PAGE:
ACQUIRING RELIABLE DATA ON LATIN-CHRISTIAN EUROPE

Apart from linguistic barriers, time and space separated Arabic-Islamic scholars from their subject matter. In many cases, they obviously lacked sound data. Abu l-Fida’

  • 165 Ibid., cap. 18—19, pp. 54—6: ‘Sic Latinum opus in peregrinam linguam translatum, proderit forsitan aliquibus, quos ductrix ad vitam gratia Deo lucrari voluerit.’
  • 166 Raimundus Lullus Opera Latina, Tomus IX, pp. 120—2, in Monte Pessulano anno MCCCV composita, ed. Madre (CCCM 35), pp. 280—3, trans. Housley, Documents (1996), pp. 35—6.
  • 167 Concilium Viennense (a. 1311—12), § 24, ed./trans. Alberigo and Wohlmuth, p. 379.
  • 168 Dakhlia, Lingua (2008), p. 97.
  • 169 Fritsch, Islam (1930); Tyan, ‘Djihad’ (1965), pp. 538—40. 17° See Chapter 2.2.5.
  • 171 Dakhlia, Lingua (2008), pp. 16—17, 89, 97.

(d. 732/1331), for example, proffers an interpretation of pre-imperial Roman history that would have caused indignation among all proponents and defenders of the republican system. Lacking alternative information, he inferred that kings had ruled the Roman Republic.

Then Romulus (Rumullus) assaulted his brother Remus (Rumanawus) and killed him. Then, after his killing, he ruled alone for thirty-eight years, during which Romulus created a remarkable theatre (mahaban) in Rome. Then, after him, several rulers (muluk) ruled, none of whom became very famous, and no information on them has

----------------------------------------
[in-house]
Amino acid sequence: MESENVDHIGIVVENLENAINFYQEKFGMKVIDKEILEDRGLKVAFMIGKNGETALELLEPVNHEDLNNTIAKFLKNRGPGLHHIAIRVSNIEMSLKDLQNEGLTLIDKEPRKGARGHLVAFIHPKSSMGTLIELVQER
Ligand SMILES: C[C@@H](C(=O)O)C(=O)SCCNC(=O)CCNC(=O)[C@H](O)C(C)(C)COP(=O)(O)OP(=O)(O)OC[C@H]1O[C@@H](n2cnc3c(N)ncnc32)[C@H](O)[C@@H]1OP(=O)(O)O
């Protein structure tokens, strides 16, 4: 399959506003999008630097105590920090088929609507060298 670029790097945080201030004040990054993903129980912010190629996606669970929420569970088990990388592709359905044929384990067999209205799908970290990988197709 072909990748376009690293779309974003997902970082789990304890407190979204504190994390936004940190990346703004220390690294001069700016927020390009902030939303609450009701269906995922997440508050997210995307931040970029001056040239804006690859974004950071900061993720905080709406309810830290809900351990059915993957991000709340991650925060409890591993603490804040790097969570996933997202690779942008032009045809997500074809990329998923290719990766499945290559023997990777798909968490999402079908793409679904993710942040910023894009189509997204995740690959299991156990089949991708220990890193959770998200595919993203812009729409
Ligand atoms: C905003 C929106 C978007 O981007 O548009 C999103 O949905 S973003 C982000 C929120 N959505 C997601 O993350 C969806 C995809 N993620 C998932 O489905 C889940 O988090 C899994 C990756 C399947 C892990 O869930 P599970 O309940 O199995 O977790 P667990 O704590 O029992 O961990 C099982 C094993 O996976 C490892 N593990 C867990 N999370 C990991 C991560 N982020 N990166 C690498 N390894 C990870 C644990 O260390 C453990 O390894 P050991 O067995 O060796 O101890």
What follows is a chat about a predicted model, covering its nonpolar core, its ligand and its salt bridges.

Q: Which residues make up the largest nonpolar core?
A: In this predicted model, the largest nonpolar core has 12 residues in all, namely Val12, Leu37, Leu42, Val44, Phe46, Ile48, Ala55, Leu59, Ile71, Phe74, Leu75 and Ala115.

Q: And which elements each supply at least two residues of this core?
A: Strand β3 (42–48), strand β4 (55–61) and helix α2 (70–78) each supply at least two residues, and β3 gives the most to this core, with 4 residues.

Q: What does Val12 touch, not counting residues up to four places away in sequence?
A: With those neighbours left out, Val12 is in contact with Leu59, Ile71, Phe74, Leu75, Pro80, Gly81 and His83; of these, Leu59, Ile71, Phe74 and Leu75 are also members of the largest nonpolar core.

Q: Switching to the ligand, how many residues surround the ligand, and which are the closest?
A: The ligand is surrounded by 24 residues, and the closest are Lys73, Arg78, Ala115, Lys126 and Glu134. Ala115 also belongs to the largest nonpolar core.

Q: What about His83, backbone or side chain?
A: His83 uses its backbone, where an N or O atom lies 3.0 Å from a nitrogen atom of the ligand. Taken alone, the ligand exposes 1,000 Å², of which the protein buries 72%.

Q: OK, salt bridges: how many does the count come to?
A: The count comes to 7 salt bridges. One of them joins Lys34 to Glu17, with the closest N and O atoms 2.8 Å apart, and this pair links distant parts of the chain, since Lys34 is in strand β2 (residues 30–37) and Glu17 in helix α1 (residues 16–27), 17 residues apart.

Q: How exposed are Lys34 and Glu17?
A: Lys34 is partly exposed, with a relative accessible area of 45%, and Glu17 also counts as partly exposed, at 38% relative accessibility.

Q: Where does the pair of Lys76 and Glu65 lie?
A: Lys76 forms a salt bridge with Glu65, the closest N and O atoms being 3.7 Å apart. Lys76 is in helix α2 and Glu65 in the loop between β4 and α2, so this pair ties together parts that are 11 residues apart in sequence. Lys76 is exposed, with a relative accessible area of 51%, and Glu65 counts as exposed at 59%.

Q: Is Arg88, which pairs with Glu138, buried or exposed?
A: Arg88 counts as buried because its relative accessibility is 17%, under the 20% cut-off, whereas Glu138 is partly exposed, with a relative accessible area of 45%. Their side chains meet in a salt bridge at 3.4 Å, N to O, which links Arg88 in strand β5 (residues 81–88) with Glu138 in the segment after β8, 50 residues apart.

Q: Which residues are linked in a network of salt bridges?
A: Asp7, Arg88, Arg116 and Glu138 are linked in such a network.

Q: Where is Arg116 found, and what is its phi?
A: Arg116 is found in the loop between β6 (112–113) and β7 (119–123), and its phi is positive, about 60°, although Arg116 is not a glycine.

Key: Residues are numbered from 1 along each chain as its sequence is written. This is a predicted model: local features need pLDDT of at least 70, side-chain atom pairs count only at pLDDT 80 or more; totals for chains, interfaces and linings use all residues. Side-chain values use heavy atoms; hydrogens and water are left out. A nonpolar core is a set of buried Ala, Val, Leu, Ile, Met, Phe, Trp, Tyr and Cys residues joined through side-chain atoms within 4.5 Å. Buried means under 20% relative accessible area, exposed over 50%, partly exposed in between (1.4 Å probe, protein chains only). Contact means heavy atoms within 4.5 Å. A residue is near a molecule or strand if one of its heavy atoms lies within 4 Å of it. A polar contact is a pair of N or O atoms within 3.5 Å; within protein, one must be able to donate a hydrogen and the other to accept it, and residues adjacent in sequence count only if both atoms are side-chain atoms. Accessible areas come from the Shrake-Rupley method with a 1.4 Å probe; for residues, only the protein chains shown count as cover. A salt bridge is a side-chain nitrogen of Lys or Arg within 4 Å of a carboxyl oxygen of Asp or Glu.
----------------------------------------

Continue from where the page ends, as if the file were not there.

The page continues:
come upon us____Their first ruler to become famous was Caius (Ghanyus), and then

Julius (Yulyus) and Augustus (Aghustus) ruled after him.[1] [2] [3] [4] [5] [6] [7] [8] [9]

  • [1] Abu l-Fida, al-mukhtasar, ed. Zaynuhum Azab et al., vol. 1, p. 83: thumma wathaba Rumullusala akhihi Rumanawus, fa-qatalahu, wa-malaka ba da qatlihi thamaniyan wa-thalathin sana wahdahu,wa-ttakhadha Rumullus bi-Rumiyya malaban ajiban, thumma malaka badahu ala Rumiyya iddat muluk, wa-lam yashtahiru wa-la waqaat ilayna akhbaruhum____wa-kana awwal man ishtahara min mulukihim Ghanyus, thumma malaka badahu Yulyus, thumma malaka badahu Aghustus . . . ’.
  • [2] See Chapter 4.
  • [3] 174 Ibn Hazm, al-fasl, ed. Nasr and Umayra, vol. 1, pp. 109—15; vol. 2, pp. 2—77; al-Shahrastani,Livre des religions, trans. Gimaret and Monnot, vol. 1, p. 627.
  • [4] al-Yaqubi, tarikh, ed. al-Muhanna, vol. 1, p. 195. 176 Ibid., vol. 1, pp. 188—94.
  • [5] 177 al-Tabari, tarikh, ed. Ibrahim, vol. 1, p. 540: ‘qawm min ulama5 ahl al-kitab min ahl al-Filastin’.
  • [6] 178 Ibid., vol. 1, p. 606: ‘qawl al-nasara’.
  • [7] 179 al-Himyari, al-rawd al-mitar, ed. Abbas, p. 33: ‘qala al-Razi: awwal man sakana al-Andalus
  • [8] ba da l-tufan c ala ma yadhkuruhu c ulama c ajamiha . . . ’; cf. Vallve Bermejo, ‘Fuentes’ (1967), p. 243.
  • [9] al-Mas' udi, muruj, ed./trans. Pellat, § 715—16, pp. 32—3 (AR), pp. 269—70 (FR).
 
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